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Justice League:
Crisis on Two Earths

If it had been the basis of a third season of Justice League Unlimited, Justice League: Crisis on Two Earths might have worked better. As it is, it's entertaining enough, but much of that comes from knowing the history of the concepts involved. Like at least half of the DC Universe movie, it isn't just enough to know the Justice League; you have to spend time figuring out the (sometimes pointless) reinterpretation of the characters for this time around.

What level does Batman trust everyone? Which Flash hides under the mask? How world-wise is this version of Wonder Woman? And crucially for this movie, how lonely is the Martian Manhunter, really?

Yet for long-time fans, it's fun to see the Crime Syndicate take on the Justice League. In a great opening sequence, screenwriter Dwayne McDuffie also captures the essences of the "good" Lex Luthor (Chris Noth) and Joker, alternately called The Jester. They're from a world not quite upside down, and no matter which reality and his motivation, if he's a Luthor, he's arrogant.

So, too, are the main members of the Crime Syndicate, all with appropriately thuggish voices and some sleazy character designs. Terrorizing a version of Earth where our heroes are villains, they've always been fun creations when used sparingly. McDuffie adds the concept of them controlling gangs by carefully bestowing superpowers on their henchmen, with the result of a lot of easter eggs as unidentified evil versions of minor heroes run around. (I particularly appreciate the dark Uncle Marvel, voiced by Bruce Timm.)

However, the script also quickly points out one of the flaws in the concept when the two teams clash: they're from another universe where the laws are different. The Justice League has problems of its own in one reality.

Another problem comes simply from adapting this basic comic book concept to the alleged requirements of a movie; the Crime Syndicate can't be content just to be basically super crooks. Owlman (James Woods) has to have a scheme much greater than that, even though it never gets adequately justified beyond, hey, he's evil and he's James Woods.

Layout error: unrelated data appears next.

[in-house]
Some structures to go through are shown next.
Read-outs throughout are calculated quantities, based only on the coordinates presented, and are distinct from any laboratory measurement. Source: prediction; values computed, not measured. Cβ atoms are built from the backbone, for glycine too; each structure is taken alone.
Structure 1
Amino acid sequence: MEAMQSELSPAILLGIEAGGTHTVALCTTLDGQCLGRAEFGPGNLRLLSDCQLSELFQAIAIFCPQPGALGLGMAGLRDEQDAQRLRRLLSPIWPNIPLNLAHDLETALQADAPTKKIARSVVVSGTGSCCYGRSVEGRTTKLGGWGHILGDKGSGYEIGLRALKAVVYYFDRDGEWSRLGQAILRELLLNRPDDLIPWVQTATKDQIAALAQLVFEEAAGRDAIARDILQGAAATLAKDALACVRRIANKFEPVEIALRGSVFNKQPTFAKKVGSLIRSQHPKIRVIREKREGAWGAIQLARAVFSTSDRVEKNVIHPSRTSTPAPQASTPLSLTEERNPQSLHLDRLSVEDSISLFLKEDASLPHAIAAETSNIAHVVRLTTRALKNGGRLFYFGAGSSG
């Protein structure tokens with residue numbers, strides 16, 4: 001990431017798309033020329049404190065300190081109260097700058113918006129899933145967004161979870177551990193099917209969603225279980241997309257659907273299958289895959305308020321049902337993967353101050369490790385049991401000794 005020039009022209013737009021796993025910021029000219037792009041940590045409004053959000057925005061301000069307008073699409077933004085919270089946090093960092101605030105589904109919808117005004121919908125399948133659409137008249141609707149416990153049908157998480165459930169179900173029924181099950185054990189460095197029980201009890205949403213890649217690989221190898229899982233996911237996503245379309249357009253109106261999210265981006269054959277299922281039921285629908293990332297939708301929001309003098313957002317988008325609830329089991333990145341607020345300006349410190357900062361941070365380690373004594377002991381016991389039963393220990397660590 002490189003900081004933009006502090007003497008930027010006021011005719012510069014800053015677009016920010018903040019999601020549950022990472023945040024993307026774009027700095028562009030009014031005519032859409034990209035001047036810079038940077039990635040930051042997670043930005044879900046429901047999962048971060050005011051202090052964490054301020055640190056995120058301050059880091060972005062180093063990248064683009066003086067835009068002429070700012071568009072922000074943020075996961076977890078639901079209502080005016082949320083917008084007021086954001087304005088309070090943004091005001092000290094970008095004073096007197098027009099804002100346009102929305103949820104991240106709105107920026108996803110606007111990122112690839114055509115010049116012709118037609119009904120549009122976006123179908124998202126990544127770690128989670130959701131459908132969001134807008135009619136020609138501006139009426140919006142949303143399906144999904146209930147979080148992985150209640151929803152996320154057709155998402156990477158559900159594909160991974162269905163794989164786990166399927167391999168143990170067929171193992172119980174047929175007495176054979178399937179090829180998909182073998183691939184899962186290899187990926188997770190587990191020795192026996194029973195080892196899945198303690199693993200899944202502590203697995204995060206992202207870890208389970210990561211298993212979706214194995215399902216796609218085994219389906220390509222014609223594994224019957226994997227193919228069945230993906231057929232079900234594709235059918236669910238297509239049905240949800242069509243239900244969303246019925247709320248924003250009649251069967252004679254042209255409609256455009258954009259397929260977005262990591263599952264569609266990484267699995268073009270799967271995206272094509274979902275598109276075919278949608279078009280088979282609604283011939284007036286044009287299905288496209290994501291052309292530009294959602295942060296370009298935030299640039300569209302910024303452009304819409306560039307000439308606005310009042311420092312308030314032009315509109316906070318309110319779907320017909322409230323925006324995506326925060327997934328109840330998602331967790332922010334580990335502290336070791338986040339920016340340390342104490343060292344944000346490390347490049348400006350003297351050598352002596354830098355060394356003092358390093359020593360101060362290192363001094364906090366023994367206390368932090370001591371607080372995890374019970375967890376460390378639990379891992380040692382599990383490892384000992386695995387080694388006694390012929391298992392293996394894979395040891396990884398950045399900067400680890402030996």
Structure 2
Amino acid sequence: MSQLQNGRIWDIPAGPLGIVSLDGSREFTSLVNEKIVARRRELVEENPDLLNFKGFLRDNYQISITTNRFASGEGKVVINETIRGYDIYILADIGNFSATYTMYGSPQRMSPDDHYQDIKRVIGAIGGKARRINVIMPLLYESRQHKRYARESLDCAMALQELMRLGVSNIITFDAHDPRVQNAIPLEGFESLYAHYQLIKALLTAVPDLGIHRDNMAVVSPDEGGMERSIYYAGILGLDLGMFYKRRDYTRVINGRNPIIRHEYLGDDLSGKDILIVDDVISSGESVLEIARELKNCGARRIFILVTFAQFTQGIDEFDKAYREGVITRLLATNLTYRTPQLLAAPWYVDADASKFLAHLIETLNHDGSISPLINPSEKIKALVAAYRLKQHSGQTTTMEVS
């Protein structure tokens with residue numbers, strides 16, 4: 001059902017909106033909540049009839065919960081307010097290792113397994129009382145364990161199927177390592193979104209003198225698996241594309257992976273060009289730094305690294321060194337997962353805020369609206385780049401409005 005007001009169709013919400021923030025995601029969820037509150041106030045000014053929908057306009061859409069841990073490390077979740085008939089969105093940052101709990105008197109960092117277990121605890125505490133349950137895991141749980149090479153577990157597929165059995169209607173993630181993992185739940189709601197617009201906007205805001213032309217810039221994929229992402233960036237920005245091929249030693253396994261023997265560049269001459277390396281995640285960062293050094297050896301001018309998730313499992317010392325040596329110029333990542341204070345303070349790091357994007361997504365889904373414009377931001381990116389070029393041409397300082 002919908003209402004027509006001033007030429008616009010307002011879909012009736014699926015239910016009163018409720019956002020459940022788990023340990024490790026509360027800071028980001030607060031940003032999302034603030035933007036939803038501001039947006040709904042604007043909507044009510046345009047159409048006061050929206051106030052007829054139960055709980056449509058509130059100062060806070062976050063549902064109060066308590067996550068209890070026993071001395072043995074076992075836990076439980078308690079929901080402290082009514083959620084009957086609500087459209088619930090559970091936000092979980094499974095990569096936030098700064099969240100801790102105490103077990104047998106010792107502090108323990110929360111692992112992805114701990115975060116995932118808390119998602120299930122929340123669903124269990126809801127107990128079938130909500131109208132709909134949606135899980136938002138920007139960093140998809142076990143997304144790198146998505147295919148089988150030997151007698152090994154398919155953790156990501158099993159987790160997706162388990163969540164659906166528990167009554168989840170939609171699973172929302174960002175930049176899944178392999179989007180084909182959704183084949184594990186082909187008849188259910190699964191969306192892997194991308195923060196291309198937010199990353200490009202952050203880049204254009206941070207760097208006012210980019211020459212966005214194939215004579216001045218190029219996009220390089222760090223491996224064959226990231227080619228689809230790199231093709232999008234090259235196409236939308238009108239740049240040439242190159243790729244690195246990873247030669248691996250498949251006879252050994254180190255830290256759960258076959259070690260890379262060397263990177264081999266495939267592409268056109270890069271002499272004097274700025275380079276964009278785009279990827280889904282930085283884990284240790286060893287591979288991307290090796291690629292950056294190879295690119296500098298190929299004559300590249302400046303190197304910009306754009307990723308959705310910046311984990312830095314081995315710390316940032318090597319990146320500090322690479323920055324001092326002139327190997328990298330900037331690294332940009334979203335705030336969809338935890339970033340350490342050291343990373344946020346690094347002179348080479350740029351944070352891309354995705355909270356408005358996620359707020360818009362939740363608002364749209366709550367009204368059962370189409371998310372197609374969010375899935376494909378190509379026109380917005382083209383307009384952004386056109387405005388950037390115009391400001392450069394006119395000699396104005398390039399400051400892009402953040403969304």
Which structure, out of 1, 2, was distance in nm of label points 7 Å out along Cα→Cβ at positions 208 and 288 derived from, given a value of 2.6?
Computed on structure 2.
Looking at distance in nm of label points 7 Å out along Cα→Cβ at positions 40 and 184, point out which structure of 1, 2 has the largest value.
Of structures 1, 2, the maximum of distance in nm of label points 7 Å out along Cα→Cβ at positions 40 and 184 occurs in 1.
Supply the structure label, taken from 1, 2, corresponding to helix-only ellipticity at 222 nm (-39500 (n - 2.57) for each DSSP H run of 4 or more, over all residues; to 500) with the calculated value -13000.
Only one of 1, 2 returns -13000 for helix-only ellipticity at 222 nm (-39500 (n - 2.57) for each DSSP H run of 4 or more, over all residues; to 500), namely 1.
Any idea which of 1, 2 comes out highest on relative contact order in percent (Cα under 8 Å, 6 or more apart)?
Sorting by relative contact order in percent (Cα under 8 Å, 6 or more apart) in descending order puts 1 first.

Justice League: Crisis on Two Earths has its moments, though. A showdown between Batman (William Baldwin) and Superwoman (Gina Torres) earns its PG-13 rating, but not gratuitously. All the action is exceptionally directed. Though it's hard to say if that's Sam Liu or Lauren Montgomery, my money's on Montgomery, as she helmed the most consistently exciting of the DC Universe titles so far, Wonder Woman.

And it's Wonder Woman here who gets to stand out, voiced by Vanessa Marshall. The movie uses the plot to explain a further part of her mythology, though again it serves as more a clever in-joke than a solid development. We're never really going to see this take on the League again, though we might see something similar.

That might be nice in the case of Mark Harmon playing Superman for animation. He really comes across as the stalwart protector and big blue boy scout. That might be worth following up in another project.

Or for a later release, Timm and his production team could just do a series of shorts. This DVD release pioneers the "DC Showcase," presumably intended to give less popular characters a chance to shine. Here we get ten minutes or so of The Spectre (Gary Cole), and it's a compact great time.

Made to look and feel like an animated seventies cop drama, it's got all the fetishistic love of a Quentin Tarantino film. Scratches run down the print. The focus is soft and the colors washed out like an old unrestored print, while the score could be by DeVol instead ofJames L. Venable.

It's a perfect venue for the Spectre, and the story feels like one of the classic Mike Fleischer stories from Weird Adventure. The only thing missing is the look of Jim Aparo's art; otherwise, Cole has Jim Corrigan down cold.

If you spring for the Blu-ray edition, you get much more in the way of animation - four episodes of the Justice League series, but completists already have them, as well as the pilot episode of Lynda Carter's Wonder Woman series. What this disc offers that no other has is a legal copy of the Aquaman TV pilot, once known as Mercy Reef but now retitled, logically, Aquaman.

Many of you may have seen that when it was available on iTunes, but for me this was a nice surprise. Staying far truer to the source material than Smallville (though it's still afraid to admit that it's a superhero show), this also features an engaging performance from Justin Hartley as Orin/Arthur. No wonder that they recast him as Green Arrow. He's got that thing.

Also included are a preview of the next DC Universe movie, Batman: Under the Red Hood and a featurette with some top DC talents. While interesting, they're somewhat fluffy pieces intended to get you hyped up about the source material - worth getting hyped up about, but still, it's better to decide for yourself.

While not as strong as Justice League: The New Frontier, Crisis on Two Earths makes an entertaining package. But guys, how about we see some of Grant Morrison's run adapted? Forget the Crime Syndicate; we want to see Batman beat the Hyperclan.

Derek McCaw

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